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Hold the phone: Guy swallows cellphone, immediately regrets it

An Irish prisoner has had surgery to remove the mini mobile phone, but so many questions remain.

An X-ray showing the cellphone swallowed by the Irish man.

ABC News video screenshot by CNET

This is going to sound pretty hard to swallow, but a prisoner in Dublin, Ireland, somehow managed to consume a cellphone. And unlike that one time when the dog wolfed down Grandma's diamond earring, doctors couldn't just wait around for it to come out the other end.

A 29-year-old Irish prisoner was taken to Dublin's Adelaide and Meath Hospital after four hours of vomiting, according to the current issue of International Journal of Science Case Reports. He claimed to have swallowed a mobile phone, and the X-ray proved him right. The article notes, kindly, that "he had complex psycho-social issues."

Yes, the first question we all have is: What kind of phone is small enough to be swallowed? It wasn't an iPhone 6 Plus, that's for sure. Did he time-travel back to 1995 and get one of those cute little Nokias we all had back then?

According to Science Alert, it was actually a mini mobile phone, "the Long-CZ, which at just 5.8 centimeters (2.3 inches) long and less than 2.5 centimeters (1 inch) wide, is the smallest mobile phone on the market."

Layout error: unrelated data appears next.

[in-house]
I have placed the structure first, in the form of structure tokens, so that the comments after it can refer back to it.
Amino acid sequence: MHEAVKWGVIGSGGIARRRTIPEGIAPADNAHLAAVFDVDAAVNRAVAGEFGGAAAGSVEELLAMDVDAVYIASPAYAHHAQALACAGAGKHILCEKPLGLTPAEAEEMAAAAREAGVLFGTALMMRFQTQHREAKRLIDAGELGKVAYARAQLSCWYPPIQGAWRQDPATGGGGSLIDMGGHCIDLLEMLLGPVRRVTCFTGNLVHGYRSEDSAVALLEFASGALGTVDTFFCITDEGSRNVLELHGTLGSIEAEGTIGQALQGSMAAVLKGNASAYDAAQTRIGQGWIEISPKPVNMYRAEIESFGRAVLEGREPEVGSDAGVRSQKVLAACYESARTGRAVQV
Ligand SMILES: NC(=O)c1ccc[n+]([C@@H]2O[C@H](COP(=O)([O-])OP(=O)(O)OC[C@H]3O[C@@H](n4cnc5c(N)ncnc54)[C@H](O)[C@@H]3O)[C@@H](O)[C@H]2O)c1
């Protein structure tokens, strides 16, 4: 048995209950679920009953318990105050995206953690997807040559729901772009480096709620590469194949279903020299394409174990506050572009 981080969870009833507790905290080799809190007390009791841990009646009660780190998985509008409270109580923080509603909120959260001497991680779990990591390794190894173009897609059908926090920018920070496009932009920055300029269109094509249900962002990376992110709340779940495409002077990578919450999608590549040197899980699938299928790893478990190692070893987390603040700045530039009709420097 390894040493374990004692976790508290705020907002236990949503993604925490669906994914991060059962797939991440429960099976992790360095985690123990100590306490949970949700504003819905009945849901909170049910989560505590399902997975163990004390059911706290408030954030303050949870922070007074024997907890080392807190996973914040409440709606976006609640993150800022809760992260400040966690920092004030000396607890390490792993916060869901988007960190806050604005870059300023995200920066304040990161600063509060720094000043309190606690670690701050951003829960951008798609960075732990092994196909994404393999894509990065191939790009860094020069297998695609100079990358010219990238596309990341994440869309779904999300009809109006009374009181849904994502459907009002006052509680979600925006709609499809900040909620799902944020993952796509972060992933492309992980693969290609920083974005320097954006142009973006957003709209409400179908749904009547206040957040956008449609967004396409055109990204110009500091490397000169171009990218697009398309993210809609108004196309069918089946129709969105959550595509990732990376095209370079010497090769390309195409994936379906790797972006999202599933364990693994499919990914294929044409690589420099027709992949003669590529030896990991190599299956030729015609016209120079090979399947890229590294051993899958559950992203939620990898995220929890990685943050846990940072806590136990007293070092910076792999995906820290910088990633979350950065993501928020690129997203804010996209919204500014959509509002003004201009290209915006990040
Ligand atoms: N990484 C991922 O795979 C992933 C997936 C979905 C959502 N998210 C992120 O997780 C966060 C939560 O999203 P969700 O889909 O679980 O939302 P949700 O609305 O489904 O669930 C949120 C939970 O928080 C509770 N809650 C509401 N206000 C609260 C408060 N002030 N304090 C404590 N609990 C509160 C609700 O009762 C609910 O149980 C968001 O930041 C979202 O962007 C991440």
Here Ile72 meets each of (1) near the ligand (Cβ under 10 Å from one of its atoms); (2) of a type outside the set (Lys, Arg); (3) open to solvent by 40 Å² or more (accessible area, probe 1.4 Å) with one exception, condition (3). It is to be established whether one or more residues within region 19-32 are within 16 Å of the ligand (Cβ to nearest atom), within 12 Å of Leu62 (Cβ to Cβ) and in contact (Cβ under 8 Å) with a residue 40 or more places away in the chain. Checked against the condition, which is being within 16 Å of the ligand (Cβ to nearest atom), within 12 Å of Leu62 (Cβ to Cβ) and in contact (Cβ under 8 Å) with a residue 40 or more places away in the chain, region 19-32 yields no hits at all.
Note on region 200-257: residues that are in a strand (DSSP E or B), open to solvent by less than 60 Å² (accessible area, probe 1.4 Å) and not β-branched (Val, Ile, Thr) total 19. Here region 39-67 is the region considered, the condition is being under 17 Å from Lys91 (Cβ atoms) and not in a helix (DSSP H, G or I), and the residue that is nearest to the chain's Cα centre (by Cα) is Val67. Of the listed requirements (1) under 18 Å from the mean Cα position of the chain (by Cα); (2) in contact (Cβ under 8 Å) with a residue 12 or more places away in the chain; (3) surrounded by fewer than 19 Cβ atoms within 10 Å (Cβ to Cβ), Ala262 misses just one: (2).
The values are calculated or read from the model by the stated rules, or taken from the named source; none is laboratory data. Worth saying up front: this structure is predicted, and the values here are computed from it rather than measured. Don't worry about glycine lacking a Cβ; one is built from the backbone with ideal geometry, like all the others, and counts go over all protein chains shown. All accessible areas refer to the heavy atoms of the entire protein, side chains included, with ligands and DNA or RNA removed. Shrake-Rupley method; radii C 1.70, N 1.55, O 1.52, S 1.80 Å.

It's never said how he acquired a phone in prison, but having watched every episode of "Oz" and "Orange is the New Black," we're just going to assume there's some behind-bars black market for all these things.

Long story short: The phone wasn't moving downward, and its position made it impossible for the doctors to pull it back out the way it came in. The patient agreed to surgery, which was probably the best decision he'd made that day, and the phone was removed with forceps.

The case report ends by calling for improvement in endoscopes, the flexible devices the hospital presumably tried to use to pull the phone out.

"An ingested mobile phone in the stomach may not be amenable for removal using the current endoscopic retrieval devices," the authors write. "Endoscopic removal of mobile phones in the stomach may be challenging."

(Via Daily Dot)